Peter Sr. Was One of a Kind

Posted: July 10, 2012 in sports

Peter Bragan Sr. was like a character out of a Damon Runyon story. He was a character with his ever-present giant cigar and his booming Southern drawl.

He greeted everyone the same way every time. “Hey buddy,” he’d bellow. “You all right?” He’d start singing at the drop of a hat. He’d bet you on how many raindrops would fall between sundown and sunrise.

And, of course, he loved baseball. All the Bragans did. Brother Bobby Bragan was the best known, both as a Major League player and manager. Brother Jimmy once served as president of the Southern League.

Senior, which everyone called him the last quarter of a century of his 89 years on earth, sold cars for a living, but baseball was always in his heart. When he purchased the Jacksonville Suns 27 years ago, it fulfilled a childhood dream to be part of baseball.

He may have saved professional baseball in Jacksonville. He certainly enhanced it. The Suns were a floundering minor league franchise in minor league baseball’s dying years. Wolfson Park had charm but not enough appeal to attract fans.

Senior made minor league baseball a fun experience. Baseball was only a part of it. He turned games into a fun family experience as well as a “date-night” destination. (The Thursday Throwdowns offer beer at a cheap price and attract thousands of young singles looking to see, be seen and meet friends.)

He seldom missed a game until the last several years of his life. He didn’t hide from the fans, preferring to sit behind home plate in the open so he could greet anyone who approached him. He never met a stranger.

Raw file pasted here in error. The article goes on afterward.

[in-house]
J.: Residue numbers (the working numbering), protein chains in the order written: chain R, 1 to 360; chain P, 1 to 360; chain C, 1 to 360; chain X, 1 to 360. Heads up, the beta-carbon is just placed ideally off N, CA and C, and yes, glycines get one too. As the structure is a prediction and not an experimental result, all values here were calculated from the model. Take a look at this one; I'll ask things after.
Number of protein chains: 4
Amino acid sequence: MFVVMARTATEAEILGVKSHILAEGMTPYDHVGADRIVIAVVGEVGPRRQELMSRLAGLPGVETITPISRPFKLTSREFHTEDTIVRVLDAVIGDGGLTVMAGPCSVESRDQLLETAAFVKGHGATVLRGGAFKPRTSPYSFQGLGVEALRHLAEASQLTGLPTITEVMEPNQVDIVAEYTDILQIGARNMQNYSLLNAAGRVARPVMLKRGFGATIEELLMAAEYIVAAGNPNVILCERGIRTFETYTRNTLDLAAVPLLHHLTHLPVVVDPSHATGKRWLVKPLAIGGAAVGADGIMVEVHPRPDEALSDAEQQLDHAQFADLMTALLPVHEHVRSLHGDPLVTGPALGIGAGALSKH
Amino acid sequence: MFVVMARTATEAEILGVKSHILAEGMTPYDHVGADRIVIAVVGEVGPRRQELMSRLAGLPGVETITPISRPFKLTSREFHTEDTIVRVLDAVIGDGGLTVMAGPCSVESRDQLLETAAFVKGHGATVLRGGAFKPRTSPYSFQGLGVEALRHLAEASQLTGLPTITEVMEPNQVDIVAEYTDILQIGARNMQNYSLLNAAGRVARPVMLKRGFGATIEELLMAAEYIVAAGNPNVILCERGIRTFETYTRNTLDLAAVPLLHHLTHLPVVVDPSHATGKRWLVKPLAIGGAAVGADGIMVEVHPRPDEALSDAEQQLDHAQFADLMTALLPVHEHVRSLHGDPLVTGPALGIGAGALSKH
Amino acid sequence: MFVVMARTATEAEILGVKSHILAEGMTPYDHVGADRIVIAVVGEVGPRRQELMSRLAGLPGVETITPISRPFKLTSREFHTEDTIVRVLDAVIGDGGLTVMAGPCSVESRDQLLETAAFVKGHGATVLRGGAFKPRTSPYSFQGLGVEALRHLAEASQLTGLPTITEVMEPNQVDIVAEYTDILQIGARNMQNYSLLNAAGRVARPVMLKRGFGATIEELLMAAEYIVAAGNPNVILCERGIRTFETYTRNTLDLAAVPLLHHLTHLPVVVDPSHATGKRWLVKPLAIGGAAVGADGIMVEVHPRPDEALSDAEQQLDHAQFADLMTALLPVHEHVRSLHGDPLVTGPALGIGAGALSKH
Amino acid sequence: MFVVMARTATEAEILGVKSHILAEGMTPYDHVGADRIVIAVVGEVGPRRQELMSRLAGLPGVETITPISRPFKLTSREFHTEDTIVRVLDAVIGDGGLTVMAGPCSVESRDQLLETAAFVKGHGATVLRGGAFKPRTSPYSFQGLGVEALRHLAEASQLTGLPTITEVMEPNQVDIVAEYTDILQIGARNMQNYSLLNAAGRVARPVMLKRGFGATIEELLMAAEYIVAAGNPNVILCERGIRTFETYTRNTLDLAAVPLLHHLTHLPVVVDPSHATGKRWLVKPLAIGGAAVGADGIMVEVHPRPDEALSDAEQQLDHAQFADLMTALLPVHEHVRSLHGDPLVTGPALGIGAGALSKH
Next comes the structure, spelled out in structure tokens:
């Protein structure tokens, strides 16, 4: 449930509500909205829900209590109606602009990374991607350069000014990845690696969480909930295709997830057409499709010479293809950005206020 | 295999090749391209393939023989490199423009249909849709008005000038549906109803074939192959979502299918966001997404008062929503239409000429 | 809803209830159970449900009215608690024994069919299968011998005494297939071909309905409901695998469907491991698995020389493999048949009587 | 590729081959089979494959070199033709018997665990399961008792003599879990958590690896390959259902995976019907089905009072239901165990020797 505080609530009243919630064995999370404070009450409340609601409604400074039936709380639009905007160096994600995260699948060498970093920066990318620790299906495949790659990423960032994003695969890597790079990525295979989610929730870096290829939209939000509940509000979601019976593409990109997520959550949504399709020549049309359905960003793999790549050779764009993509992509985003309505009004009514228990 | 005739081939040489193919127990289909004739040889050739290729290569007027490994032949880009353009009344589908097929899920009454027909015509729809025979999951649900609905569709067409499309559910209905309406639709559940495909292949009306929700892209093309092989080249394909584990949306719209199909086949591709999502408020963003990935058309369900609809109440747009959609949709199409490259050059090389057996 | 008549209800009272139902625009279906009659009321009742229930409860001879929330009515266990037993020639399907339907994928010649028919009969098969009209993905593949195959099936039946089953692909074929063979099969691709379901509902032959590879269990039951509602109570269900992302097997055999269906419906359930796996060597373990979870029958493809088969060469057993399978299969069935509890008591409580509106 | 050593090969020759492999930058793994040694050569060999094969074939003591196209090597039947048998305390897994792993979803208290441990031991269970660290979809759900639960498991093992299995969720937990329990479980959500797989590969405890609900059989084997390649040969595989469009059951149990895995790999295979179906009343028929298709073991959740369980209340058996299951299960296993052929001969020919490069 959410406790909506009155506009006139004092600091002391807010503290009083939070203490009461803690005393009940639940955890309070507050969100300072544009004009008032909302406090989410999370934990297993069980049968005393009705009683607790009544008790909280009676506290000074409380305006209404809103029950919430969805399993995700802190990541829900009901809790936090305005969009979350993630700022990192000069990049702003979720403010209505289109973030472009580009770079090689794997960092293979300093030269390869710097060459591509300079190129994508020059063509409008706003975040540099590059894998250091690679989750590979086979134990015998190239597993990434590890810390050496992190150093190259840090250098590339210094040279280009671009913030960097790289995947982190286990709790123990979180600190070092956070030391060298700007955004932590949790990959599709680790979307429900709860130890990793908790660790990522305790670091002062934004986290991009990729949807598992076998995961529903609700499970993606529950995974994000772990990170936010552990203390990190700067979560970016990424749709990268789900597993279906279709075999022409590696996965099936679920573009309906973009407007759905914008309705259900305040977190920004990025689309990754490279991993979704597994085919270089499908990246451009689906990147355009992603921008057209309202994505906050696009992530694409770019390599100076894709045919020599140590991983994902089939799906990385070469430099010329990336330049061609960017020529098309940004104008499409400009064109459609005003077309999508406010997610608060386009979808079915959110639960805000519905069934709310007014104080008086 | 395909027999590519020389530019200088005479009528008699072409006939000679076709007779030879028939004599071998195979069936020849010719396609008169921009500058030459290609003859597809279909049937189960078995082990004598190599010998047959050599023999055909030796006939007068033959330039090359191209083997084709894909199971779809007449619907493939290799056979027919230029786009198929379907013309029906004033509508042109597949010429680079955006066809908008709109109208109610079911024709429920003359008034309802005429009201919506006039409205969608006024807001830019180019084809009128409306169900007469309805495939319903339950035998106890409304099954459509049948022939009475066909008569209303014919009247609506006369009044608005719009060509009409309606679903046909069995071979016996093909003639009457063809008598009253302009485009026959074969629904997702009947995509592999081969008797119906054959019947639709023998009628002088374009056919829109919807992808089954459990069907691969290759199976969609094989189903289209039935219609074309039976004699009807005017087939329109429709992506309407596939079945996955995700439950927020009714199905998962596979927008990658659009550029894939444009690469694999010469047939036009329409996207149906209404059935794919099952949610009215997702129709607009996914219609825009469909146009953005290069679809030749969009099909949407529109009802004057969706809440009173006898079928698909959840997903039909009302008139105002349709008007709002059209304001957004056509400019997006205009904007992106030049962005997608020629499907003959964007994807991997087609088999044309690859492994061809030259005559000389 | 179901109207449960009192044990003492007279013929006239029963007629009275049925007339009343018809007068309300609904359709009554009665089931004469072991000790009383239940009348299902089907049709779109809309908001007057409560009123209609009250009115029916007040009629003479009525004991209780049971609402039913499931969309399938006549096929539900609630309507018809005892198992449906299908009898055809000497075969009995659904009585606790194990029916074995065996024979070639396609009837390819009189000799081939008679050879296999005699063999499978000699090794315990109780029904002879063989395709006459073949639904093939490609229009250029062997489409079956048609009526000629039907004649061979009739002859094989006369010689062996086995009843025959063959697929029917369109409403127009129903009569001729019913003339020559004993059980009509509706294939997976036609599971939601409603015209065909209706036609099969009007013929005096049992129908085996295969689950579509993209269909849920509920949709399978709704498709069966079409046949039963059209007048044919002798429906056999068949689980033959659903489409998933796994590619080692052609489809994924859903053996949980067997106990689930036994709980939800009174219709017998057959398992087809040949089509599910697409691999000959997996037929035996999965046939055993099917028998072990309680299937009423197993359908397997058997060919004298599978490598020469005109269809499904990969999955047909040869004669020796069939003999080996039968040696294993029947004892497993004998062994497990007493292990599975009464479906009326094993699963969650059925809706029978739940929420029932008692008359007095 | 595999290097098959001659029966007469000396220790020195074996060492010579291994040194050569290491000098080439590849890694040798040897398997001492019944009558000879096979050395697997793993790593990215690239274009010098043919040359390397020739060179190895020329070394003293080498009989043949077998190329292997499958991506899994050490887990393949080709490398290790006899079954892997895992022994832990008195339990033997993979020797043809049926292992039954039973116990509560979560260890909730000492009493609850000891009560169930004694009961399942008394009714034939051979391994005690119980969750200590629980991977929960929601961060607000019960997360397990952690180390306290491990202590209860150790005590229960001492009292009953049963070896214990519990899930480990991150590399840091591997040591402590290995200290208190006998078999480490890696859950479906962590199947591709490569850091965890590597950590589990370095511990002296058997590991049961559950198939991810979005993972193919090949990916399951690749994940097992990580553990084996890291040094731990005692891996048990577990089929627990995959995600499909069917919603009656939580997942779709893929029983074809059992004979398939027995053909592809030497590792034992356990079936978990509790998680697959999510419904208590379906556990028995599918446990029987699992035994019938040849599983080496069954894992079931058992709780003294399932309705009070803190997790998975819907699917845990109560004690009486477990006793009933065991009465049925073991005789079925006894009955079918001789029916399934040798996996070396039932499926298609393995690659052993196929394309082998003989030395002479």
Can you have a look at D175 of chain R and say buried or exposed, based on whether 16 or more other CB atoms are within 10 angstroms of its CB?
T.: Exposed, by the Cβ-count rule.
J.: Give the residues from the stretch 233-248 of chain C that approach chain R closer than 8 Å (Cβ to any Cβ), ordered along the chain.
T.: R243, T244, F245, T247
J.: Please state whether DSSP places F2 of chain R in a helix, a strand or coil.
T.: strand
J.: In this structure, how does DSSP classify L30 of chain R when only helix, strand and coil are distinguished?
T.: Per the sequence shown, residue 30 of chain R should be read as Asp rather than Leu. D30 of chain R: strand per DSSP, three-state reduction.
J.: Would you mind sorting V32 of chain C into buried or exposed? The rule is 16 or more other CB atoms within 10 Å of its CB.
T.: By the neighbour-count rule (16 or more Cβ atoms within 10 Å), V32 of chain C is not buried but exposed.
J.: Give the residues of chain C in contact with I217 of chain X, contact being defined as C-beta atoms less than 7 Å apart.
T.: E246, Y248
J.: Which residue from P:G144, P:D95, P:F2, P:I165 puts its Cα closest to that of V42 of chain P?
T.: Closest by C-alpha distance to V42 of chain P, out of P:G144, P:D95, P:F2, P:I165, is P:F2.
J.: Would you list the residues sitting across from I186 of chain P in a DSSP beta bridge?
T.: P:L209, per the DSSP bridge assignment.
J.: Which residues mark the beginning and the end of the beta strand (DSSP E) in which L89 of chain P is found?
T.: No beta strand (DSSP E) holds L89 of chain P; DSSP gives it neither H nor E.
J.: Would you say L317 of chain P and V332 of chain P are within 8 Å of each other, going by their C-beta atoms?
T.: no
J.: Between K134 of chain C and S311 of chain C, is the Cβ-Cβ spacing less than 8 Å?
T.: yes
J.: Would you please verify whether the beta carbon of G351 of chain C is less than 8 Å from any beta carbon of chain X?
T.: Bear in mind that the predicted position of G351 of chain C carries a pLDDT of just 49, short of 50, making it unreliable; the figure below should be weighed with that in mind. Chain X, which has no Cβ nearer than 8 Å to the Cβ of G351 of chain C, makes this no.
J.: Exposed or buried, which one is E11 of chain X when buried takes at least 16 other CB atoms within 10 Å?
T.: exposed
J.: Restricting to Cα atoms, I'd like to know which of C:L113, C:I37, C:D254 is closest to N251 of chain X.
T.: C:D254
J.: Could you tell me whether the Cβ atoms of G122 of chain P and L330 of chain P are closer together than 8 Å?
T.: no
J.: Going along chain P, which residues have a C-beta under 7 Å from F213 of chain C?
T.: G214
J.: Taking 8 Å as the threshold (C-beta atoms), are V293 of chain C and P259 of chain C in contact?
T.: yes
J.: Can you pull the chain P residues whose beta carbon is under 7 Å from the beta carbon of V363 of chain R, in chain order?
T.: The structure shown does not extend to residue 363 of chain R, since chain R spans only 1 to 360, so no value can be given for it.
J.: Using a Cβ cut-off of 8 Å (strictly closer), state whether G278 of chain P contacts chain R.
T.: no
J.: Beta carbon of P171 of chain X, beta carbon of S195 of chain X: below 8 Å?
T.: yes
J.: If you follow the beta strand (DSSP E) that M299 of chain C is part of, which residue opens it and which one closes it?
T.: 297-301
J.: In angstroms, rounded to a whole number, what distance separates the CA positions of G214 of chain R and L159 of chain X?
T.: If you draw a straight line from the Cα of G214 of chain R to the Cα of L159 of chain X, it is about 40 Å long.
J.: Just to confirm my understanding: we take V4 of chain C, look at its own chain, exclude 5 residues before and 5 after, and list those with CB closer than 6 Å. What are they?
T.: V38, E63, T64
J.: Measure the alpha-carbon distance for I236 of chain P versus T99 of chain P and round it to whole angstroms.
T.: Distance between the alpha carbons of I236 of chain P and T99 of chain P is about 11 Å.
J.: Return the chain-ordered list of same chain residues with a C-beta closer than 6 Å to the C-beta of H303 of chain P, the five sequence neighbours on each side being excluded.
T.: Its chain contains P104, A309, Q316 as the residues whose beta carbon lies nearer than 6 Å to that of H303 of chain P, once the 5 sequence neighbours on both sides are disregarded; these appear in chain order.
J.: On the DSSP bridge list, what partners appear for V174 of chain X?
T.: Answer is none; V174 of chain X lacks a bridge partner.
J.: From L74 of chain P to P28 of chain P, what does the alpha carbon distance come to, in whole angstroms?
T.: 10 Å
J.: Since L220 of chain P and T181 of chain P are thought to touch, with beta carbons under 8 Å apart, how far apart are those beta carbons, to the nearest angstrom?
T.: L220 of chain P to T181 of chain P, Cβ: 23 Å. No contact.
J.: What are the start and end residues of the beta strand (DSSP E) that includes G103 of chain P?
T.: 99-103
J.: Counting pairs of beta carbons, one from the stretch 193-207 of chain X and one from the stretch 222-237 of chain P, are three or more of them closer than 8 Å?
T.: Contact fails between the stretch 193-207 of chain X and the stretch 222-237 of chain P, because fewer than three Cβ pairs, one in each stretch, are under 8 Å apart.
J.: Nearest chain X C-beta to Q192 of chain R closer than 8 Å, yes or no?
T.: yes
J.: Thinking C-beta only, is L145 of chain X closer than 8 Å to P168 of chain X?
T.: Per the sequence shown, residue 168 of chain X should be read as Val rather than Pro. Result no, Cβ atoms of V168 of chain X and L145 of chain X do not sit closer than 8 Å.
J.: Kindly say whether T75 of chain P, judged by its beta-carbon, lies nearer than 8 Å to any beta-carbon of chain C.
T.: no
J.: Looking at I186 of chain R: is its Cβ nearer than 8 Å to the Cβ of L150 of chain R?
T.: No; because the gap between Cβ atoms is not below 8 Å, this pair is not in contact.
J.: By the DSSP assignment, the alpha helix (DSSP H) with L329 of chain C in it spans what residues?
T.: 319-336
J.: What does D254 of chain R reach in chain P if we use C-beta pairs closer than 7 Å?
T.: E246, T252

Beneath Senior’s smile and grandfatherly demeanor was a tough, hard ass businessman. He constantly battled with city leaders to first improve Wolfson Park and then to build a new ballpark, finally succeeding when he convinced then-mayor John Delaney to include the Baseball Grounds of Jacksonville in the Better Jacksonville Plan. The park opened in 2003 and attendance shot up to record numbers.

He’d also chew out employees, including players and coaches, for any misstep. The fans came first. He made certain the concessions were top notch AND profitable. He demanded fans be treated with courtesy. He demanded the park be clean and safe.

Winning was important. He battled with executives of the Suns’ major league affiliate to keep players and get their best talent.

Son Peter (Pedro) was always at his daddy’s side and has run the franchise in recent years when Senior’s health worsened, but Senior never became a figurehead.

Senior died last weekend when he heart finally gave out. It was such a big heart.

Jacksonville has lost a dear friend.     

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